Hello, fellow Mid-Autumn lantern enthusiasts! Mid-Autumn Festival is here again, the time when we chase after light and indulge in mooncakes! On this joyous occasion, let's talk about those glittering and splendid lanterns that carry a long history, cultural symbolism, and breathtaking creativity. Let's illuminate this topic now!
The Origin, Symbolism, Function, and Type of Lanterns
Lanterns originated over two thousand years ago during the Western Han period when people used them for illumination. Looking back, maybe it was to find mooncakes in the dark! However, these lanterns later became more than just sources of light; they became symbols of celebration and reunion for the Chinese people. This explains why lanterns always shine brightly during the Mid-Autumn Festival! There are countless types of lanterns, including palace lanterns, silk lanterns, hanging lanterns, and more. Their designs are intricate and diverse, featuring figures, landscapes, flowers, birds, dragons, phoenixes, fish, and insects, among others.
Exploring Lantern Features from Various Chinese Regions
Now, let's traverse Asia and explore the unique features of lanterns!
- First, the Quanzhou-style lanterns, though they may appear ordinary, are the ancestors of all lanterns, a true classic! Like a bottle of aged lantern wine, they get better with time!
- Fuzhou-style lanterns, also known as umbrella lanterns, may remind you of that awkward moment when you forget your umbrella on a rainy day. However, these lanterns are not for rain protection; they are for decoration and can certainly add charm to your Mid-Autumn Festival.
- Gaocheng lanterns, also known as palace lanterns, are the aristocrats among lanterns, grand and majestic, like the emperor's golden throne carriage, reserved for high-ranking officials.
If you have the opportunity to celebrate Mid-Autumn Festival in different places, don't forget to appreciate the unique lantern styles. Lanterns in Taiwan often feature bright colors and are frequently themed around animals or cartoon characters, always capturing children's eyes.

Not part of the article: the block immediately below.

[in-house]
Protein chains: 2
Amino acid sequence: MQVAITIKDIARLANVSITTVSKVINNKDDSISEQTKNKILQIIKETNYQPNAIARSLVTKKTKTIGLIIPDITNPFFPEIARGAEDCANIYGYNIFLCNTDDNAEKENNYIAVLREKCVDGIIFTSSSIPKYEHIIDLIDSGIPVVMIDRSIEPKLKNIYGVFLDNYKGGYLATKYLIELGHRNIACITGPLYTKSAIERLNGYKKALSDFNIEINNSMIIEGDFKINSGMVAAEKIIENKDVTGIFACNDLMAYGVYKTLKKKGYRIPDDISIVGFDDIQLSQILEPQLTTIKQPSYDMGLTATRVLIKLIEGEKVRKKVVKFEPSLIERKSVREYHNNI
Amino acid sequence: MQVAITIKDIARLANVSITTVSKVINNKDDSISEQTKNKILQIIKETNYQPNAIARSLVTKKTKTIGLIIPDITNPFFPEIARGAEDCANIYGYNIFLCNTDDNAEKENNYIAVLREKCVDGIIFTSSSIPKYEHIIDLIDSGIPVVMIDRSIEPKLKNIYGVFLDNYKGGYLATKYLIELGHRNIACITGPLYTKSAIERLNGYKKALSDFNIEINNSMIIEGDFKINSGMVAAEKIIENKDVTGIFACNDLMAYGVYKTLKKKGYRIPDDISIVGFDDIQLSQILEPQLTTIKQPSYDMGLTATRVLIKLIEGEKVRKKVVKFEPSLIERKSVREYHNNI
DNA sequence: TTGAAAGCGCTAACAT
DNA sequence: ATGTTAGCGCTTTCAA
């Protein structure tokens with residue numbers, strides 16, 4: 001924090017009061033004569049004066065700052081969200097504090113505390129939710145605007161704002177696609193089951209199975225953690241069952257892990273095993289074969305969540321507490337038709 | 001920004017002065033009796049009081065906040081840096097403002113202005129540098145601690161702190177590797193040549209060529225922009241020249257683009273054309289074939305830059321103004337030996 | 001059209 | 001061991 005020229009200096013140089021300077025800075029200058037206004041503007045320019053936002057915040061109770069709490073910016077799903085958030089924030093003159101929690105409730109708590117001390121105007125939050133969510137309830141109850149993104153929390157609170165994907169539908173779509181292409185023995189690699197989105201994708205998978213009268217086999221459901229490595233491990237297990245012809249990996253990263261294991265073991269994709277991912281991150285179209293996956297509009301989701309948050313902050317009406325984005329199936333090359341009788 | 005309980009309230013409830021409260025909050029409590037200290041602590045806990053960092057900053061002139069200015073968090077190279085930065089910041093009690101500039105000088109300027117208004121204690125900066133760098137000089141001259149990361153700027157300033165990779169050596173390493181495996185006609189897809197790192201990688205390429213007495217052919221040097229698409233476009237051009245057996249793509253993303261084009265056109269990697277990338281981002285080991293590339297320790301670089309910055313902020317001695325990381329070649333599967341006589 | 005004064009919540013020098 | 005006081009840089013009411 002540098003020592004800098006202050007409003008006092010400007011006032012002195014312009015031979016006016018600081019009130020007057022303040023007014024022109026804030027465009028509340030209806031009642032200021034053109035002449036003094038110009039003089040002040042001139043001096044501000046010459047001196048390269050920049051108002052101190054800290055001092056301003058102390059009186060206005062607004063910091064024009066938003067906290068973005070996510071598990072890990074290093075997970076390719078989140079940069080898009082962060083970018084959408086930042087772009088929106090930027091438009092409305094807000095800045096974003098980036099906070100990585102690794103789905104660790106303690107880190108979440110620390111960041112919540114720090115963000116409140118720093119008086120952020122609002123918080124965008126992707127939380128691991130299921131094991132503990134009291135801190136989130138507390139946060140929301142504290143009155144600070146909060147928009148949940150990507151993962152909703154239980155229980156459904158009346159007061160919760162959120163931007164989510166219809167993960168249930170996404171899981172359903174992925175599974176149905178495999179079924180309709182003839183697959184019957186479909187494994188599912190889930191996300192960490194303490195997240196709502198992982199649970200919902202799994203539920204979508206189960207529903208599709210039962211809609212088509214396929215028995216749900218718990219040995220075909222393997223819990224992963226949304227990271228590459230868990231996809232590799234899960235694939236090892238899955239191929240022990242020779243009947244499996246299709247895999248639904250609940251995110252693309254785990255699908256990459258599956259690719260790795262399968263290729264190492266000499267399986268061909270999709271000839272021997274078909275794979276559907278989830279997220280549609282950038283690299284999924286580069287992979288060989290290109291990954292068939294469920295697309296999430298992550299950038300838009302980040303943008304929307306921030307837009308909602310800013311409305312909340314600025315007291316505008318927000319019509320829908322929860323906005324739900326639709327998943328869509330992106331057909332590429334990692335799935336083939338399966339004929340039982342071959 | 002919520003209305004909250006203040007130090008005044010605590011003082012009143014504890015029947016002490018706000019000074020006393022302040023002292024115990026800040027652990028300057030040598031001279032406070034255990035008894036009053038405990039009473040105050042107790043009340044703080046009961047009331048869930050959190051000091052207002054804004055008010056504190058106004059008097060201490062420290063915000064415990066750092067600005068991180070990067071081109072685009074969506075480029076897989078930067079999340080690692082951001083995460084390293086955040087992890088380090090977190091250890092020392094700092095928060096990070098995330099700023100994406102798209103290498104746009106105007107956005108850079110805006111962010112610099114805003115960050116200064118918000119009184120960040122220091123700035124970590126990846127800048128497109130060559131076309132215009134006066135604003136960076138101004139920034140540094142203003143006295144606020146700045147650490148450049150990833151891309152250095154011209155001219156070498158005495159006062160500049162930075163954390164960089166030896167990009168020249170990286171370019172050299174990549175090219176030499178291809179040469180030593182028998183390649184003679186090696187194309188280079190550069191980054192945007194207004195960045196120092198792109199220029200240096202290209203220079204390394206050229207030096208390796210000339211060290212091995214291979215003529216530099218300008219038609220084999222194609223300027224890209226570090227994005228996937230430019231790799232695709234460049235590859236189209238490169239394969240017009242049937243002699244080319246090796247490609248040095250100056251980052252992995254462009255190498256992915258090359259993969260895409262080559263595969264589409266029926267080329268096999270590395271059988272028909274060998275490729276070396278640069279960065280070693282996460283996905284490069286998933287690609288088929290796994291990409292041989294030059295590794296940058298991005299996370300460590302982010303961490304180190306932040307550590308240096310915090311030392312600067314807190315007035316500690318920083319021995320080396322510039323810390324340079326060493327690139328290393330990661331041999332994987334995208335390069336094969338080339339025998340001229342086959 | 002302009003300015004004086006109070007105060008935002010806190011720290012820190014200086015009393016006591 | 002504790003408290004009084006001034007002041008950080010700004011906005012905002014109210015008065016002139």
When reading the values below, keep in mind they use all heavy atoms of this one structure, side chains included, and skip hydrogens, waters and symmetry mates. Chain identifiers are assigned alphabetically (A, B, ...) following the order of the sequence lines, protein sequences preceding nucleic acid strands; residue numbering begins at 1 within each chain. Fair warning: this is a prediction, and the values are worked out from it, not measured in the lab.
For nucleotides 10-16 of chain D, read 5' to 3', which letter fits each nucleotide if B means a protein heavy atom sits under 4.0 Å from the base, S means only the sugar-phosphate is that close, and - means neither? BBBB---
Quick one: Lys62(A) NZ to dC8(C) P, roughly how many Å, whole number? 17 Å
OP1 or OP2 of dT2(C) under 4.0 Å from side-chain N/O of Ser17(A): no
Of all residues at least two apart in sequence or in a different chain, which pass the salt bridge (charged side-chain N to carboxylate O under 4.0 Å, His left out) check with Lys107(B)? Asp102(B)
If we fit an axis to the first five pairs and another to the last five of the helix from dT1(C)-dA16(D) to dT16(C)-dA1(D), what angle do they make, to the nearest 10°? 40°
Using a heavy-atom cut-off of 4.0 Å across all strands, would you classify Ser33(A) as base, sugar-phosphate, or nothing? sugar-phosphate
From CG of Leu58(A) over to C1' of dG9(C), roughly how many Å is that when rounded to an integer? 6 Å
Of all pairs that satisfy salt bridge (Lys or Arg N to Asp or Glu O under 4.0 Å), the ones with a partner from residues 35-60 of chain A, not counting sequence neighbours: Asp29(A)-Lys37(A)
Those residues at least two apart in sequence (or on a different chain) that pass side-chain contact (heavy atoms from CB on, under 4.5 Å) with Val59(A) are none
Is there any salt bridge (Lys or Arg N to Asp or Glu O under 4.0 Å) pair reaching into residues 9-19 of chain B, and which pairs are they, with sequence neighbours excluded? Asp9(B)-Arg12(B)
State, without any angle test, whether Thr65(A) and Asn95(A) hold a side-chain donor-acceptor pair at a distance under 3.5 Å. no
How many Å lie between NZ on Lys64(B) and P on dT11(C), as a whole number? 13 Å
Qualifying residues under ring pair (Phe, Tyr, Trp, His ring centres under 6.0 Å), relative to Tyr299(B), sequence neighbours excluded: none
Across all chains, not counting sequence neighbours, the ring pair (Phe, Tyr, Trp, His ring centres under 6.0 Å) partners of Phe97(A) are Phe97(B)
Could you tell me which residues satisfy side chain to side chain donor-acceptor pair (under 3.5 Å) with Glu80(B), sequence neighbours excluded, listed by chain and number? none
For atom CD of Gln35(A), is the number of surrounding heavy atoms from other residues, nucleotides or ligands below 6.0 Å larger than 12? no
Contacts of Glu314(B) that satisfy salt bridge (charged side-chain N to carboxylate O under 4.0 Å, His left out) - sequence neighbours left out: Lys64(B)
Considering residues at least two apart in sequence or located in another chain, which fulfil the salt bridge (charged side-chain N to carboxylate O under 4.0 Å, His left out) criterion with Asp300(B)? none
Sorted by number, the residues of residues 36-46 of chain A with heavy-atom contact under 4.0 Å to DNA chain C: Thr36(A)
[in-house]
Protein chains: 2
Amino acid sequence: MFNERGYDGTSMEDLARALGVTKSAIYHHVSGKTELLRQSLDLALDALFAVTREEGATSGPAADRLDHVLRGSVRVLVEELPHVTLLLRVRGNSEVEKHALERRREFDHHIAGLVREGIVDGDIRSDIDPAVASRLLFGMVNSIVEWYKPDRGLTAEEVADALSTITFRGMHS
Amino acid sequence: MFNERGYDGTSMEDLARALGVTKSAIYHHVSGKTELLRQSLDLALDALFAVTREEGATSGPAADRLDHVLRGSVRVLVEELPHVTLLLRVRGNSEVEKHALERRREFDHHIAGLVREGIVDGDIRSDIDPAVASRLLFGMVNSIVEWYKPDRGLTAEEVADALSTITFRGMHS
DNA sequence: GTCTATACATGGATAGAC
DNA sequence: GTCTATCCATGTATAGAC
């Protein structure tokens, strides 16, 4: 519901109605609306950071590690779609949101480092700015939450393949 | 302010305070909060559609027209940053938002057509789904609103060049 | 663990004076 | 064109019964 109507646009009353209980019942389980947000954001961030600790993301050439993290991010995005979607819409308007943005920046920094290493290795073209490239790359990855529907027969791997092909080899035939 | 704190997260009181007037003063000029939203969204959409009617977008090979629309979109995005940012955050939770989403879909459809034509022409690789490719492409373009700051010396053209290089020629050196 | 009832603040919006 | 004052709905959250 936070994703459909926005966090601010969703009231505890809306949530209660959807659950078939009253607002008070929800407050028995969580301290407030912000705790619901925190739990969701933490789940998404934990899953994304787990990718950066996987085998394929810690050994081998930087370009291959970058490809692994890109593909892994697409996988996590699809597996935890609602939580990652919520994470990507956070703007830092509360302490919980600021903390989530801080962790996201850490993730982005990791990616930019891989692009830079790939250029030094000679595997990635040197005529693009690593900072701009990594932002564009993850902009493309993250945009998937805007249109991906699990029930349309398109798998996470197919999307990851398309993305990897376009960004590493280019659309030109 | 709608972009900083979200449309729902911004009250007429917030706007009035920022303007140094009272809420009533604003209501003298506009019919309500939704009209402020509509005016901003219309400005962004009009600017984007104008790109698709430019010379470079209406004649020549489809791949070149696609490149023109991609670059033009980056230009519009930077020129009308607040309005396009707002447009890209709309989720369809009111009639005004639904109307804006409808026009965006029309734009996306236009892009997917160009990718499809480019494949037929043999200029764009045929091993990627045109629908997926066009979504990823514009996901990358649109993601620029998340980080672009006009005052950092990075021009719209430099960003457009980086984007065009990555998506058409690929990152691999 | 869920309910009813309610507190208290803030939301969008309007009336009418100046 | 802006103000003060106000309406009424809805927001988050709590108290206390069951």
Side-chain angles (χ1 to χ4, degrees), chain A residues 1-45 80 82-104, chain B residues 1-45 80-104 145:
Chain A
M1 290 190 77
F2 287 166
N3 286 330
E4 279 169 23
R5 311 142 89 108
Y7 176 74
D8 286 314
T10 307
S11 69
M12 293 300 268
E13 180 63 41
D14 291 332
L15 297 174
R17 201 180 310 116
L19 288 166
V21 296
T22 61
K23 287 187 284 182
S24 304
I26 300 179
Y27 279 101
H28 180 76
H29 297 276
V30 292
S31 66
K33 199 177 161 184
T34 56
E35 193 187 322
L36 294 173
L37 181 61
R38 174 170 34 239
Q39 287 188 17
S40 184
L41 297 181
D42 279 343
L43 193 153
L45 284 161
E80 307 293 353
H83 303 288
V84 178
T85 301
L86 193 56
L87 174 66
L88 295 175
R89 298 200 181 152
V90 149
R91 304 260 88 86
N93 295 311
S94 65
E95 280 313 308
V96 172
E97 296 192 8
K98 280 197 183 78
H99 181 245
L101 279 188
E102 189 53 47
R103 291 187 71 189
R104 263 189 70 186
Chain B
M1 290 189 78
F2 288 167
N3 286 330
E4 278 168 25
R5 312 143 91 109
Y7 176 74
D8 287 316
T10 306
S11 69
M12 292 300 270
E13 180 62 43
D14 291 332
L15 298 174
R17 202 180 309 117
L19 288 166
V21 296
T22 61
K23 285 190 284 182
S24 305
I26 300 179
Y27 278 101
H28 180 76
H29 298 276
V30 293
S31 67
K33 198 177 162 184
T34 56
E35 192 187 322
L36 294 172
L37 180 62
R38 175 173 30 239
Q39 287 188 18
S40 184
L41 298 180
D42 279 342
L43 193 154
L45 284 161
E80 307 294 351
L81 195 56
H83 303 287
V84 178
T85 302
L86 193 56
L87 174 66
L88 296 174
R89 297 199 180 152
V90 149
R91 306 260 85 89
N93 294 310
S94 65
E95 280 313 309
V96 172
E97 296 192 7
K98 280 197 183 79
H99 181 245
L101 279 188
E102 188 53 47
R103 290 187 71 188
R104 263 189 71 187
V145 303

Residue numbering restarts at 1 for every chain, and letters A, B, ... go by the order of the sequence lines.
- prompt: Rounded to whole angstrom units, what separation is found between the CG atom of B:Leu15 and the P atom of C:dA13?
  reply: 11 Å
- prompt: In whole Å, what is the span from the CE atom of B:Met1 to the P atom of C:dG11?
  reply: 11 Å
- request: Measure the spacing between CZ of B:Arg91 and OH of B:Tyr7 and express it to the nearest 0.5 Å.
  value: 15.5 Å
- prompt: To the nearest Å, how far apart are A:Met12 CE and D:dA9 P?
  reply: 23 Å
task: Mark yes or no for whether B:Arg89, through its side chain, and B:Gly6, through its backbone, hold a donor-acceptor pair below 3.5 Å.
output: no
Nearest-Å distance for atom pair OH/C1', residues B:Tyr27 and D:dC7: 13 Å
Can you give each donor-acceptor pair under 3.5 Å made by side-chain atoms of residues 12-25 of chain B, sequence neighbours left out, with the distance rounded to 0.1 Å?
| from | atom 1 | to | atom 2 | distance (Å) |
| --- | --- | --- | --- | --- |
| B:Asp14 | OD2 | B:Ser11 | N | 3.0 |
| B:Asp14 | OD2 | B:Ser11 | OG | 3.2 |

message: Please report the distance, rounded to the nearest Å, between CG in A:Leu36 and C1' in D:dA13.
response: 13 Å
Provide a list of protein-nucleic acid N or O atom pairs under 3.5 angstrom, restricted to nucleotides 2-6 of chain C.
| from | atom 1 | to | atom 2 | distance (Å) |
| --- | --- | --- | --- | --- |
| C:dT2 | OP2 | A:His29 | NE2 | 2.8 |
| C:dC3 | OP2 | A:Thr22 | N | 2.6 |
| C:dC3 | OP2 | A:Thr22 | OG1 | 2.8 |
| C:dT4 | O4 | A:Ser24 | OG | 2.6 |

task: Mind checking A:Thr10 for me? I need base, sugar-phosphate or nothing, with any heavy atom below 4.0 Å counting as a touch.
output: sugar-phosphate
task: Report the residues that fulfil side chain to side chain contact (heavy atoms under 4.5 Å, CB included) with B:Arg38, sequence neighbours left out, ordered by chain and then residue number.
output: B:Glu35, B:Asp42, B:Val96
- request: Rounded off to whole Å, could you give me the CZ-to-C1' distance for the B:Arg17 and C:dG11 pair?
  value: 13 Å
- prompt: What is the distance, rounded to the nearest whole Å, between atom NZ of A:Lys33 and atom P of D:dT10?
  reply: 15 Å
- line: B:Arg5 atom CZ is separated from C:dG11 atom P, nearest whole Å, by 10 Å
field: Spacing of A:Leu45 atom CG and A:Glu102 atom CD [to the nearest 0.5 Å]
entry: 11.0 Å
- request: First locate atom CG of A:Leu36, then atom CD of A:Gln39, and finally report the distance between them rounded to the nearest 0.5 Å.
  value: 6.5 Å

In some regions of China, such as Guangdong, lantern craftsmanship is highly refined, resulting in exquisite paper lanterns with intricate details and craftsmanship that is truly awe-inspiring. Additionally, the Lantern Festival in Hong Kong is famous for its spectacular and colorful lantern displays designed to attract visitors. These lanterns offer us a visual feast on Mid-Autumn night.
Lantern Styles and Creativity around Asia
Lantern styles and creativity vary widely across regions.
- In Japan, people like to use paper lanterns to decorate their gardens, known as "Chōchin." These lanterns add a touch of romance to your garden.
- In Indonesia, they use coconut shells and bamboo to make lanterns, which are eco-friendly and remind us of ancient wisdom and respect for nature.
- Thailand's floating lanterns symbolize the realization of wishes. When you see them ascend into the night sky, it's hard not to make a beautiful wish. These lanterns shine like countless stars, illuminating the dark night and people's hopes for a better life.